Papers filed for Supreme Court to hear Oakland A's relocation case

SAN JOSE, Calif. (KGO) -- A next step in the campaign to move the A's from Oakland to San Jose could be made by the U.S. Supreme Court. Papers were filed on Wednesday asking the high court to hear San Jose's case.

San Jose is hoping to Supreme Court will take a different position than the lower courts, which ruled in favor of Major League Baseball. At stake is the 1922 exemption given to baseball from antitrust laws. A shift in attitudes -- given multi-million-dollar player salaries and revenue from TV broadcasts -- might see the scales tip in San Jose's favor.

"There are cases all over the country, testing the exemption, and if the Supreme Court takes it away, Major League Baseball is faced with a whole new world. It's going to be governed by the antitrust laws, just like football, basketball and hockey are," Phil Gregory, an attorney for San Jose, said.

One of the justices, Sonia Sotomayor, called baseball a monopoly in a 1995 decision. Another wrote that the exemption is outmoded. A decision whether to hear the case should be made by fall. Even if San Jose prevails, it doesn't mean its efforts to woo the A's from Oakland is a done deal.

"All it does is give the ability to the A's to decide where they want to go. And if they want to stay in the Bay Area, which Lew says he does, does he want to try to do a deal in Oakland, San Jose or somewhere in between?" Richard Doyle, a San Jose City Attorney, said.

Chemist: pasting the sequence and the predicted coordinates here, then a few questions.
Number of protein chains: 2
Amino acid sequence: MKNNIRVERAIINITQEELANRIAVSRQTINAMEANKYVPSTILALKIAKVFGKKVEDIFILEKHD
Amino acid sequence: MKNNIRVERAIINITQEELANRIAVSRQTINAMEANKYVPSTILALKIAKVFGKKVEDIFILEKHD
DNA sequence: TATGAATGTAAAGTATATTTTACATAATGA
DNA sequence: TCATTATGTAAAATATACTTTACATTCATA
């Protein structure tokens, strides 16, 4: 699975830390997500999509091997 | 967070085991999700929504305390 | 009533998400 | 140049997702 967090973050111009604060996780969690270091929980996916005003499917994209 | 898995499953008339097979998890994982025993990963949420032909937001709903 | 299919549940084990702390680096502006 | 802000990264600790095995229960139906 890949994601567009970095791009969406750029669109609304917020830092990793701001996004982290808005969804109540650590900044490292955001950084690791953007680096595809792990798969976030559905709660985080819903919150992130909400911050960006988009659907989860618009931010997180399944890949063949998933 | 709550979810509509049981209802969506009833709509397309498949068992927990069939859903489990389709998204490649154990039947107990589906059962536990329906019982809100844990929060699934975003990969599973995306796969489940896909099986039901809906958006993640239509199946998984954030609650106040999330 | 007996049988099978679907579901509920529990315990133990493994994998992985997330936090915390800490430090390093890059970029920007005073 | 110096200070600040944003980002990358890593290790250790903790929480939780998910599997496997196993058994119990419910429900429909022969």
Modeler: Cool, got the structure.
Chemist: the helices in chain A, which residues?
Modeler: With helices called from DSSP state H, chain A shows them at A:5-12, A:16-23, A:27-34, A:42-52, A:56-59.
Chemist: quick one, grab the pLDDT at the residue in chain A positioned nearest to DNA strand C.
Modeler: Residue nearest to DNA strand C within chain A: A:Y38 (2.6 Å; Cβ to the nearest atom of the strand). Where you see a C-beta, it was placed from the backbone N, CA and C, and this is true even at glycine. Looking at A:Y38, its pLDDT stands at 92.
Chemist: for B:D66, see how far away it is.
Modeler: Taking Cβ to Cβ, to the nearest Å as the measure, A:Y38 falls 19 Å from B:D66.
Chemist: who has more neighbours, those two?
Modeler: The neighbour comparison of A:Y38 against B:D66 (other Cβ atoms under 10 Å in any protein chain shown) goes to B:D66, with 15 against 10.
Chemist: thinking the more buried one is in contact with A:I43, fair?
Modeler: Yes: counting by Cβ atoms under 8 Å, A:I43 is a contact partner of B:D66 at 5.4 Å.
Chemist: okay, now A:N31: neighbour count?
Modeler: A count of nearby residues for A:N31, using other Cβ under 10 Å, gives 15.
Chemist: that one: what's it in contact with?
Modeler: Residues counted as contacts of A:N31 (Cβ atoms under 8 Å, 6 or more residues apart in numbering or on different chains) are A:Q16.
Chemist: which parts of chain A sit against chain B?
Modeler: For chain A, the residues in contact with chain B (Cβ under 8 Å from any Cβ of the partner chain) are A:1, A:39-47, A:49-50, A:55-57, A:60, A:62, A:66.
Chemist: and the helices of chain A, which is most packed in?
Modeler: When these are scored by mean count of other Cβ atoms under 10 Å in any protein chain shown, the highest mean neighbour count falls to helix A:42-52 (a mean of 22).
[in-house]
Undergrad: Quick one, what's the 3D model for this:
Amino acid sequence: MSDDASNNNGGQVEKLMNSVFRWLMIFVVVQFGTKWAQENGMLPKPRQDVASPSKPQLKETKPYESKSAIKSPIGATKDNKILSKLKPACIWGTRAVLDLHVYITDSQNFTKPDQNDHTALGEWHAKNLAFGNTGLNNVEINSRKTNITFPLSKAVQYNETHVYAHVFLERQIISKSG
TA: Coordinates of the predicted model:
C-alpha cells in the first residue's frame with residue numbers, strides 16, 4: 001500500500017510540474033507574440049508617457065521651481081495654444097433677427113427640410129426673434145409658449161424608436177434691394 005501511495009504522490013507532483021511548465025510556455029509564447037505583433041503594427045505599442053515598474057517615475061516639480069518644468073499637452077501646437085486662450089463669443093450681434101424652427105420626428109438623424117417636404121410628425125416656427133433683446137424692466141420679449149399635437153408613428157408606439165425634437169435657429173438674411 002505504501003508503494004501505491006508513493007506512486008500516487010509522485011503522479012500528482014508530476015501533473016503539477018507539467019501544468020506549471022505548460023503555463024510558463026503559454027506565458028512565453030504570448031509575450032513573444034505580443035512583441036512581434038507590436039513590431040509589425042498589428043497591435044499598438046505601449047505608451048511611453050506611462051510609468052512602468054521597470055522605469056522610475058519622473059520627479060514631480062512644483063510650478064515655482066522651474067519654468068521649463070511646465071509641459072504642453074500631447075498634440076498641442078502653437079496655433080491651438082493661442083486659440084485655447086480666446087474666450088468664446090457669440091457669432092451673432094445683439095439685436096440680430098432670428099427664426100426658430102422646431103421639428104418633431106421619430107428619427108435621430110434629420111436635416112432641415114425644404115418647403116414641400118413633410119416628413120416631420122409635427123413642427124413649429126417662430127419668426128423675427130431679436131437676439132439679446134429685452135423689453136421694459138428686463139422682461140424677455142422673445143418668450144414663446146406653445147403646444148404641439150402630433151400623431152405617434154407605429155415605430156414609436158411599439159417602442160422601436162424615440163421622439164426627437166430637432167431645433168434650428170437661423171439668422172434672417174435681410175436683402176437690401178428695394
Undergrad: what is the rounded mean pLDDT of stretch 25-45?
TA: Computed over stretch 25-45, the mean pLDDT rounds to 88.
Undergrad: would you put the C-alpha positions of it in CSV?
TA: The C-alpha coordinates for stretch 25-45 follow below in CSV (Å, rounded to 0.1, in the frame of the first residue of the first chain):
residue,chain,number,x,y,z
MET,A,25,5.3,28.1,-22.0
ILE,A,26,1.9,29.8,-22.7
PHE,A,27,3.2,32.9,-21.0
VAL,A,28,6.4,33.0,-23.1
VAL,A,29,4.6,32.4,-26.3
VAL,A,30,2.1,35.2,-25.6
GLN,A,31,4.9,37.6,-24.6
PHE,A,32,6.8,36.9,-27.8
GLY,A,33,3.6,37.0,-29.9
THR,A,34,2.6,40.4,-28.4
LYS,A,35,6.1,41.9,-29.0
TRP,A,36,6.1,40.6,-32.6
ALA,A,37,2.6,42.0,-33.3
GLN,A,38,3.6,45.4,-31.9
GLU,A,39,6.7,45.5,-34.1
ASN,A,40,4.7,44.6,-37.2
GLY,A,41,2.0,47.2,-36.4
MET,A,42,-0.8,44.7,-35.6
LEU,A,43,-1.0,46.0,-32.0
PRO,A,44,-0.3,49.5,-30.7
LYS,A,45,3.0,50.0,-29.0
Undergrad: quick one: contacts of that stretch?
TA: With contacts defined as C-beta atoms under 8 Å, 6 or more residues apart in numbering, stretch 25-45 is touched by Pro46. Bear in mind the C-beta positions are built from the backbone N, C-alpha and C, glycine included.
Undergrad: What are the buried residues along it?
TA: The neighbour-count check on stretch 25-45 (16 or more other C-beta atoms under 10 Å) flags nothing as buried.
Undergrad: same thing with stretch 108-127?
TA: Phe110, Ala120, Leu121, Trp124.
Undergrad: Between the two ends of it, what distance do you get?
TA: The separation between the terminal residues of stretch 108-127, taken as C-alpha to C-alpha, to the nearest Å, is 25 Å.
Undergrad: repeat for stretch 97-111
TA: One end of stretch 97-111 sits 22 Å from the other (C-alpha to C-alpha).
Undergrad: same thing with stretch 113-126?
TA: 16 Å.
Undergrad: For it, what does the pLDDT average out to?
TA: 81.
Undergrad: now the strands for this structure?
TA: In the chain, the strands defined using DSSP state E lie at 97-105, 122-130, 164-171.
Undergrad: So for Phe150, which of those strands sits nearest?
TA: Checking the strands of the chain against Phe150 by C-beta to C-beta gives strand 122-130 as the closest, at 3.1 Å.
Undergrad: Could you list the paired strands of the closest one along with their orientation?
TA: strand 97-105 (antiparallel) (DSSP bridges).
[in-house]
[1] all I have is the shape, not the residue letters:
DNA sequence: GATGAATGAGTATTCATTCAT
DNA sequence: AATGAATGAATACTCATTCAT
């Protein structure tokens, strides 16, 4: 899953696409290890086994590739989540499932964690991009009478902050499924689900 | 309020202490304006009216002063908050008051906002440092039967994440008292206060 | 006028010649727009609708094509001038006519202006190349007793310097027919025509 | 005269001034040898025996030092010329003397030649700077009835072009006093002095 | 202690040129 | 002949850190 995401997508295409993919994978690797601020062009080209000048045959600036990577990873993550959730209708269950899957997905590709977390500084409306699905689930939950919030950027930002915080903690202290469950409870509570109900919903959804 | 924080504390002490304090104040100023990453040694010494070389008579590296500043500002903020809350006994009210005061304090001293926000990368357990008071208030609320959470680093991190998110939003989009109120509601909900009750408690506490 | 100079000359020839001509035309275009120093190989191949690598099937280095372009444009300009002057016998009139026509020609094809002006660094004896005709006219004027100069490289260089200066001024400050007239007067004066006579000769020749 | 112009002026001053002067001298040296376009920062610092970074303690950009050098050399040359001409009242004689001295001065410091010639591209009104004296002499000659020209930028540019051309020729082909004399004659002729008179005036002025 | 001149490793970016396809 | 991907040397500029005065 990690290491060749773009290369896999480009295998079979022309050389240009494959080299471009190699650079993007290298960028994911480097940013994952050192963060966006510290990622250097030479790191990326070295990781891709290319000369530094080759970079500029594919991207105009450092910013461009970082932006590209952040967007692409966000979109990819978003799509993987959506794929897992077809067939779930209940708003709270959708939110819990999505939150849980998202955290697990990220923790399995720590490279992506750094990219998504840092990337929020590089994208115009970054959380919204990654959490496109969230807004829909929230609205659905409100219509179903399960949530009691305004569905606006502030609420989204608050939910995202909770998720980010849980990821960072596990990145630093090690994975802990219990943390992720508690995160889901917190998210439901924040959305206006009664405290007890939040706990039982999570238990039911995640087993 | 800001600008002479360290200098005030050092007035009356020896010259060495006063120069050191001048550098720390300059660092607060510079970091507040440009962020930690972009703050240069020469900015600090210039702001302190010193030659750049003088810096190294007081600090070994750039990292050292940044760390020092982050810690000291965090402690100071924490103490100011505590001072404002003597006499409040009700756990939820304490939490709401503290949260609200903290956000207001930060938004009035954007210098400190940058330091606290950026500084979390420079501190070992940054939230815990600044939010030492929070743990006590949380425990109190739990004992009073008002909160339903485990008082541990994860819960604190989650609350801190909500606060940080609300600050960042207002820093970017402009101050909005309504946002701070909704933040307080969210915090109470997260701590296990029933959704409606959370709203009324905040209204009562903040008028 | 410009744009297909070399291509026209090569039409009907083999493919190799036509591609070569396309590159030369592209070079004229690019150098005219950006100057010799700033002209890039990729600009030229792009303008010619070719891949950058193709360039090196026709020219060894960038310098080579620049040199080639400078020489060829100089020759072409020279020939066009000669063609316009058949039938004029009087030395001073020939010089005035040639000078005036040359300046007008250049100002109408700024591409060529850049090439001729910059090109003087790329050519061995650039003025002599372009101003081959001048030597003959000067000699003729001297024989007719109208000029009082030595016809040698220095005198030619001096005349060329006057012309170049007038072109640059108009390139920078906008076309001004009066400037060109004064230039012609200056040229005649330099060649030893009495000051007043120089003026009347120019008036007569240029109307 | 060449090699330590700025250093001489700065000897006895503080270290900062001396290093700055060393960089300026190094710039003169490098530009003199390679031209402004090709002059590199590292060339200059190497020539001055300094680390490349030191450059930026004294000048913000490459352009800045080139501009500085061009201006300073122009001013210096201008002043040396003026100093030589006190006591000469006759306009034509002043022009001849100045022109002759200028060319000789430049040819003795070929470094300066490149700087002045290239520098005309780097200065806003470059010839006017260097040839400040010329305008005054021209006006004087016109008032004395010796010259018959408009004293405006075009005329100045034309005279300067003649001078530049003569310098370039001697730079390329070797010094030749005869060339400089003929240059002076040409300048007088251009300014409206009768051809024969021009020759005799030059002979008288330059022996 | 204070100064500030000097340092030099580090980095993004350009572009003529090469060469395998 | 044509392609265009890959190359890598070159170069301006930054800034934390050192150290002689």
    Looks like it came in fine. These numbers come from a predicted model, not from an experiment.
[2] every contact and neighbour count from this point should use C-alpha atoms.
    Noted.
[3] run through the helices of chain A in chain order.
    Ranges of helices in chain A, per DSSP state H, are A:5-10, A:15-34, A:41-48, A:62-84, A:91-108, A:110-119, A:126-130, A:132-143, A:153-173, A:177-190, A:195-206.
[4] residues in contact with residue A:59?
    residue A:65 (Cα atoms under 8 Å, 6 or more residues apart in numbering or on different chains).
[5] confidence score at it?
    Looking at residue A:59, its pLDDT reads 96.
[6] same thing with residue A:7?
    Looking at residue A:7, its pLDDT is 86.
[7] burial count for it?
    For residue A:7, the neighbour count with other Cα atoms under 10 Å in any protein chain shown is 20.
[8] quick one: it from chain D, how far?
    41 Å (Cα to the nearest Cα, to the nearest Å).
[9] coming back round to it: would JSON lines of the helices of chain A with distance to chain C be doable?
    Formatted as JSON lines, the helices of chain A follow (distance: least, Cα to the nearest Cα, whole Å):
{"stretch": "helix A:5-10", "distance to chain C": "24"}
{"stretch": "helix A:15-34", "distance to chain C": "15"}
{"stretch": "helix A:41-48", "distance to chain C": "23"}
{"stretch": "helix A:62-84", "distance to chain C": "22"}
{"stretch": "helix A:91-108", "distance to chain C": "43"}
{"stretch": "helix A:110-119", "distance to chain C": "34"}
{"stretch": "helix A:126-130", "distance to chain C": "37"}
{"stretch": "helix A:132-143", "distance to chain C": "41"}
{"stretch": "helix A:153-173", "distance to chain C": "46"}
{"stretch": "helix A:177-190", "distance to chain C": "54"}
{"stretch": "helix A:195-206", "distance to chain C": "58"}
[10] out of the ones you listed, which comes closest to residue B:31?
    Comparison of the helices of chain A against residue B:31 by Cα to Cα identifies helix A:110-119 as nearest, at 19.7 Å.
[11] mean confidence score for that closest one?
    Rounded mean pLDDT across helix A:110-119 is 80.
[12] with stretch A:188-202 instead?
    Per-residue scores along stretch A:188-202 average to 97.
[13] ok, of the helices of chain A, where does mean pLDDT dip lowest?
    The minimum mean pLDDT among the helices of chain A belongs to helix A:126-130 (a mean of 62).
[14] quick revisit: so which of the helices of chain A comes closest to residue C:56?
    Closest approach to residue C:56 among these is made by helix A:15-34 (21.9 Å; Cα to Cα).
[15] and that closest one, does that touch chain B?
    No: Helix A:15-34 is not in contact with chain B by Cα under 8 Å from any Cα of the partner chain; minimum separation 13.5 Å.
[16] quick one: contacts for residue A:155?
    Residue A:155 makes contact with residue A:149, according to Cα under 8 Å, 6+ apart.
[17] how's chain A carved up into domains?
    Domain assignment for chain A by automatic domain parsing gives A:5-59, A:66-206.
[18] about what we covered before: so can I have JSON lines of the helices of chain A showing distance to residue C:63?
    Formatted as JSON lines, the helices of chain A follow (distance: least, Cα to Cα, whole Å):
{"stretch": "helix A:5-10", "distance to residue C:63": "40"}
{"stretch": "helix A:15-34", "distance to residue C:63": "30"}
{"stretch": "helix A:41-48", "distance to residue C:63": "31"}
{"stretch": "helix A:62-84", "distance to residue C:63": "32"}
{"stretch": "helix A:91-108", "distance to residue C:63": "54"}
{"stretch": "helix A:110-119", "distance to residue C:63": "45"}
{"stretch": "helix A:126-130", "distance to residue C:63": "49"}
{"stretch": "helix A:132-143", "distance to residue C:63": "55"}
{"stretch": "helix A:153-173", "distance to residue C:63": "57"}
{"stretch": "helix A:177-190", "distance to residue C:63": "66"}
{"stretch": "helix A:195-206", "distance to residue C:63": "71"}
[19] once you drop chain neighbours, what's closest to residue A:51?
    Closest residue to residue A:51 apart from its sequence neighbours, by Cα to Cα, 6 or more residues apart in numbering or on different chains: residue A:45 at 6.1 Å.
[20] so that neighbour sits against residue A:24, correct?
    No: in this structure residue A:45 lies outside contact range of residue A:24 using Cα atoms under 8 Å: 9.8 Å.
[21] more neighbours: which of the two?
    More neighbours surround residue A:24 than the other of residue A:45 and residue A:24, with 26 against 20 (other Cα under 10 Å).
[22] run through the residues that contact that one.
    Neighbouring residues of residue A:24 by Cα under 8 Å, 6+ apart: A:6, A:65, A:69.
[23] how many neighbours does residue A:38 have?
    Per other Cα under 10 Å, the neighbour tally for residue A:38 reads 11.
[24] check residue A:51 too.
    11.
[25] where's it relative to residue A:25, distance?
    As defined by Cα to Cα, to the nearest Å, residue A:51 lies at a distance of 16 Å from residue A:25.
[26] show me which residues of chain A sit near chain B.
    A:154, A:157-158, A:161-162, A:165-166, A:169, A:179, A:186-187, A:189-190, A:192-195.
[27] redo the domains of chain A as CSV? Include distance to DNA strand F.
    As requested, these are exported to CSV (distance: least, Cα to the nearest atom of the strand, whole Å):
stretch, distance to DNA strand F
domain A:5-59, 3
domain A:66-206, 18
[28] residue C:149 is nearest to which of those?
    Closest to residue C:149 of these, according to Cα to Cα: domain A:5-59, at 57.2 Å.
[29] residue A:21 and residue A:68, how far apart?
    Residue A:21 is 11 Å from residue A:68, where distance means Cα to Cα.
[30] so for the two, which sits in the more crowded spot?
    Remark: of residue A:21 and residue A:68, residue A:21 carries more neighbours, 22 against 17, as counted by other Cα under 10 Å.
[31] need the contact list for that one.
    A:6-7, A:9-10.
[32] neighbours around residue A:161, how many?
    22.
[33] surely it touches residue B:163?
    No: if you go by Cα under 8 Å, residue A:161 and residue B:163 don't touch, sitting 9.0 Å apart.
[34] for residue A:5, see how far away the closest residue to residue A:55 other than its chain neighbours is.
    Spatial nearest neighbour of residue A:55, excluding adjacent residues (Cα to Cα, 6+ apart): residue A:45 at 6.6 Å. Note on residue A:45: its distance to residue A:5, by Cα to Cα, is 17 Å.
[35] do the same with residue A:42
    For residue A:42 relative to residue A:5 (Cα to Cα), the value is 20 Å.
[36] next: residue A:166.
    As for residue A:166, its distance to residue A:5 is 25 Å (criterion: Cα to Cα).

A's owner Lew Wolff turned down an interview, saying he doesn't talk about legal issues. He does have an agreement lasting six years to buy a five-acre site near SAP Center for a stadium.

Oakland and Alameda County leaders met with the NFL Wednesday about what it will take to keep the Raiders from moving to Los Angeles. If the Raiders move south, Oakland will be under great pressure to keep the A's from striking a deal with San Jose.

One note here: San Jose's case has a less-than one-percent chance of being heard by the high court. Of the 10,000 petitions the justices receive every year, they accept only 75-80 cases for oral arguments.
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